Wednesday, 7 August 2013

Anne Frank

A couple of weeks ago I had two of my cousins over, Lois of 9 and Lucas of 6.
Lois and I got to speak about Anne Frank, and suddenly I remembered that when I was (a little younger than) her age, I was gifted a beautiful book about this young girl (not her diary itself).

To be honest I hadn't read/looked at the book for years, so now I viewed it with different eyes so to speak.

And I wanted to share some fragments with you!
It's in Dutch of course, but I found the pictures so beautiful and striking that every non-Dutchie will understand what they try to tell as well.

For your information:
I have the weird habit to tilt my (iPhone) camera while taking photos, especially books, so you might have some neck pain if you watched all photos thoroughly.

LOTS of photos...

I have exactly the same kind of coat...

Older sister Margot has a baby sister!


Moving from Germany to Amsterdam

Anne's Dad's office - and the annex where the family would hide

Bye bye kitty...

Moving in

Anne did keep her Hollywood movie star photos while in hiding

There was one little light in her horrible life: Peter

This is not really my favourite picture in the book. She must've looked WAY more frightened, I mean, they were traced!

The famous diary pages were all over the floor but -luckily for us- saved

And handed to the only survivor of the Frank family: Otto
So, what'cha think?
It's a kid's book, so maybe there isn't too much of symbolisation as you would expect in such a book, but I think the pictures beautifully show how Anne was just a girl, just like us, just with friends and just having crushes.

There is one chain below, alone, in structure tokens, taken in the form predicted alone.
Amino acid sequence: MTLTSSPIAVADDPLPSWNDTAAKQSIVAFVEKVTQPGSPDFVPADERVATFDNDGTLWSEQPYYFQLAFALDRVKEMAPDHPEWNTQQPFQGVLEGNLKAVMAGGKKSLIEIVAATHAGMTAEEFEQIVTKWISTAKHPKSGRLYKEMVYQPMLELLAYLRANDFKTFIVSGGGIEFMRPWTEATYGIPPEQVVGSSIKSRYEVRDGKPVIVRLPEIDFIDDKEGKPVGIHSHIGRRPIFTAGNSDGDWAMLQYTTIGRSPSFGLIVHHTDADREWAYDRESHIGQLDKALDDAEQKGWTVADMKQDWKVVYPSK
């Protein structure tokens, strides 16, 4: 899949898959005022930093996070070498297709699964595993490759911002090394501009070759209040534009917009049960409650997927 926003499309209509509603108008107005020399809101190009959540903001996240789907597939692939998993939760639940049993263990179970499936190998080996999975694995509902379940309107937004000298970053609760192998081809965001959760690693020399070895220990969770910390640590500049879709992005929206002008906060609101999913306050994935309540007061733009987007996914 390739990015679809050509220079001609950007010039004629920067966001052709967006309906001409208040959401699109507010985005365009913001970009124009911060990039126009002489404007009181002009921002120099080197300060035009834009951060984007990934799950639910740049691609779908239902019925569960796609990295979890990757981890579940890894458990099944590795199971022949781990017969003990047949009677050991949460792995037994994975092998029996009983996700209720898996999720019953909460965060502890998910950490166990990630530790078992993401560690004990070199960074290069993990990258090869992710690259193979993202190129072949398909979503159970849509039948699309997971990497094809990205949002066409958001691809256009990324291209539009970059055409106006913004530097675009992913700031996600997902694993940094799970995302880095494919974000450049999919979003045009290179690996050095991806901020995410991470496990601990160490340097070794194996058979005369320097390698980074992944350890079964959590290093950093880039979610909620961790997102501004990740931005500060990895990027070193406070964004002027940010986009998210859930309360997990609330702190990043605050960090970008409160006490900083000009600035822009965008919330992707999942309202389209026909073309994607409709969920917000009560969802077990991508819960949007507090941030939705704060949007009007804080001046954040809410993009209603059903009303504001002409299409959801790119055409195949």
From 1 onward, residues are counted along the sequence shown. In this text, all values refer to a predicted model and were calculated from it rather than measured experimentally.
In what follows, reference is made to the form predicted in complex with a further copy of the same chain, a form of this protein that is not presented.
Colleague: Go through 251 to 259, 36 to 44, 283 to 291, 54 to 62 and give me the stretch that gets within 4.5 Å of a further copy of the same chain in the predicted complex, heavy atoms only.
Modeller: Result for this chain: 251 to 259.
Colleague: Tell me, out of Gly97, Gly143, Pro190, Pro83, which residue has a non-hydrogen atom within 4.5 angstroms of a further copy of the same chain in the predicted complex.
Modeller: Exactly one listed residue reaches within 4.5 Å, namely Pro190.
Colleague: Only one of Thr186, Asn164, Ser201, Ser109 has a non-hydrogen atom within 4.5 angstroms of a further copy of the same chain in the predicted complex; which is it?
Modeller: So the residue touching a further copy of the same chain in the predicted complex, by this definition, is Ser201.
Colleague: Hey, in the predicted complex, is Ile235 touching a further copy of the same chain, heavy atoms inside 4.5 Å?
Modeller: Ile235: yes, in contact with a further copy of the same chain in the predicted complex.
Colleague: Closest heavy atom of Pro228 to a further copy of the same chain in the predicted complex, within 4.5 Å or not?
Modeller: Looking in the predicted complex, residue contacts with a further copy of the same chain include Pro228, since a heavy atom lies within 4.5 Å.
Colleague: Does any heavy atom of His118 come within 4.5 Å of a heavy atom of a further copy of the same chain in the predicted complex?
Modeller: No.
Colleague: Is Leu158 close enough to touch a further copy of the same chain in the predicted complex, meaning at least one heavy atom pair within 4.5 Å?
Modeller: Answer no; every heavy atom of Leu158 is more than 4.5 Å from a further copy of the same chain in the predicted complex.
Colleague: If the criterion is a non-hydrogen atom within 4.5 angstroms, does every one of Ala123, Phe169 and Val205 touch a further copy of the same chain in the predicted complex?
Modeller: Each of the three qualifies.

At the second photo, I mentioned that I have the same winter coat as Anne's.
Of course I realise that a subject like Anne Frank is way too serious to get to talk about her clothes, but girls and women like her are sort of the reason of this whole 'vintage thing' for me.
They symbolise a horrible era that brought out the worst, but also the best in people. Think of 'our boys' and people in the resistance and people that hid, for example, jews in their own houses.
That takes in immense amount of courage that in time of peace, not much people would have.

When I wear 1940's clothing, I obviously don't support anything of the Nazi regime, as some morons tend to think. No, I wear it out of respect for the women of that time, who were talented in picking outfits both stylish and practical, and then got on with their lives.



  1. Very interesting post! It's a lovely book about such a terrible tragedy. I would love to be able to find a copy of this in English.

  2. Hi!! I just came across your blog courtesy of Jessica at Chronically Vintage!!
    Your blog is so lovely!!
    I was in Holland a few years ago visit family and I never had a chance to visit the Anne Frank Haus and I wish I would have!
    The book is wonderfully illustrated! thanks for sharing

    Lindsey :)

    1. Hey Lindsey,
      thanks for your comment!
      And also for the other comment on the Albert Heijn post:)
      Oh that's sad, but hopefully you did have the chance to visit some other must-sees.

      Thanks for reading me:)